I'm sick today. I started to feel sick on Thursday night. A week ago last Friday on the 14th, I decided to ride on the bus and visit the Seattle Art Museum, one of my favorite places. When I came out I noticed a homeless woman sitting at the side next to the building. She asked me for money. I didn't have dollar bills in my pockets. I usually make sure I put dollar bills in my pockets when I am downtown. She asked for money for sanitary napkins. I said I didn't have change and that I was sorry. She lunged forward and grabbed my shoulders. I was scared. She said, "look into my eyes." I thought, Oh, no, I'm going to get sick. She was obviously sick. She spit mucus on the front of my blouse and was close to my face. I wanted to push her away and run. Then I thought, I'm not a good person because I don't want to hug her. I thought of all the Peace Corps volunteers and Doctors Without Borders who signup for this stuff to be around people who are sick and need help. I like to stay in the safety zone.I don't consider myself better than her. I'm having money trouble too. A few twists and I could be sitting on a corner. It was an awful experience. I honestly don't understand why cities don't help people who are homeless.
The solution isn't easy but allowing this kind of onslaught isn't fair. The best solution for the homeless I have ever seen is a model I heard about used in Woodburn, Oregon for migrant workers. There was a large apartment building and all services were on site. Help was given until they were ready to get jobs and housing. Why can't the homeless populate an isolated area and become totally self sufficient with services onsite. They can garden and grow their own food. They can build their own houses with volunteer help. I've always thought that Habitat for Humanity should also help the homeless by building apartment buildings or structures for more people. I saw a great design in the Seattle Times by a German architect who built small houses or cubicles for one person that could work.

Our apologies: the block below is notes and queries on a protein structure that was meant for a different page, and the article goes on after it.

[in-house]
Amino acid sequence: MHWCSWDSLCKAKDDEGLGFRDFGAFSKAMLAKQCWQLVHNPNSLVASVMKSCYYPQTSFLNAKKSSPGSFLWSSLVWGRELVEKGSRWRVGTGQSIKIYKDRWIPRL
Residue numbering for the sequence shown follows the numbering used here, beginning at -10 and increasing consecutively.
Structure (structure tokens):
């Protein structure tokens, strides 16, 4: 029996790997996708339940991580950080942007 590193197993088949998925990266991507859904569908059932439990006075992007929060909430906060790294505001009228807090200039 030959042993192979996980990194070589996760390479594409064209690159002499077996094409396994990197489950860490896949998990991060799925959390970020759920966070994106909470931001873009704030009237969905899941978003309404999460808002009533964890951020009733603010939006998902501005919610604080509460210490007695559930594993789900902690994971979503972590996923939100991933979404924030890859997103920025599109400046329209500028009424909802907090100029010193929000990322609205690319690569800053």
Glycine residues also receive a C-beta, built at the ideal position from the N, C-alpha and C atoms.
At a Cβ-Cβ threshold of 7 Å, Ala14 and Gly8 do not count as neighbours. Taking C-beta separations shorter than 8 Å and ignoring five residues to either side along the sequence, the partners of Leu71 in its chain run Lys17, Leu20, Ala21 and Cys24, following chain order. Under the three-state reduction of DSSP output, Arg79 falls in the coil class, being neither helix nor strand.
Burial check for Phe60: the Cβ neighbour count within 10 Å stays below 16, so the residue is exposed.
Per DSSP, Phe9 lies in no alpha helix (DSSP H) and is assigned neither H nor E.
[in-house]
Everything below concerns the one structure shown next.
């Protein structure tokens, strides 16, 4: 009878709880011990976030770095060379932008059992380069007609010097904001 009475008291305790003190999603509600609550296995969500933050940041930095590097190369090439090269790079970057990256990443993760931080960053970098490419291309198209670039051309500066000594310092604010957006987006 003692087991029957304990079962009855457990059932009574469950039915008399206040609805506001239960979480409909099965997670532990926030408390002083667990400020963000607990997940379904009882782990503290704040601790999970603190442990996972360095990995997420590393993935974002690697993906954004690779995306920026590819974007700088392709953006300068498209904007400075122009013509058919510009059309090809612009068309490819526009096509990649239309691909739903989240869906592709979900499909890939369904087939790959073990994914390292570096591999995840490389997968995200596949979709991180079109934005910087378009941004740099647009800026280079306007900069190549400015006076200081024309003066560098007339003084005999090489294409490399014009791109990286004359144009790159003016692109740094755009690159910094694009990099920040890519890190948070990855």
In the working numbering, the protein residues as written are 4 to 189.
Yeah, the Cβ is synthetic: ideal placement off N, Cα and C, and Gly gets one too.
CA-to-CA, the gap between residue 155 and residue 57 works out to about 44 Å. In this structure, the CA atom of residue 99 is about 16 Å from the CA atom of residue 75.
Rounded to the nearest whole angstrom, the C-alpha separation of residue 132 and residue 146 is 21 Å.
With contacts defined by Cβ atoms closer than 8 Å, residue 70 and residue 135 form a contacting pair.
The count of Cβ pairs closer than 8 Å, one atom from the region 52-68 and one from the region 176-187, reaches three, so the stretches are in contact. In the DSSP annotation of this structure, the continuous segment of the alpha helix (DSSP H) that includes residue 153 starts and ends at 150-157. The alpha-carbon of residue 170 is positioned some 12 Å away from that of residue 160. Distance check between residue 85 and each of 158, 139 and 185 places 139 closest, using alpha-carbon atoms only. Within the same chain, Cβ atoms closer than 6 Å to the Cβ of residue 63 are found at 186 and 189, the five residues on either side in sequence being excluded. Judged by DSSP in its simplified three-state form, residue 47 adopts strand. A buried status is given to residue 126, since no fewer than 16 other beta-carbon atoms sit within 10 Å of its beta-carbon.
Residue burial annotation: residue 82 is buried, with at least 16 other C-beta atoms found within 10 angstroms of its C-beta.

Land developers who profit from developing areas with public money should start paying for their own developments plus helping out the community by building housing for the homeless. I've always been amazed that developers who will profit use public money to build structures. Seattle does it better because there is better negotiation but still............. This is a time that you can leverage and negotiate for what you want city fathers. Use it to fix some of your problems. Nobody listens to me though or cares what I think.
The point is that what is being done isn't working. This makes me want to avoid going on the bus downtown, to be honest. I want to safely go to the Art Museum, the library, Science Center, the Aquarium.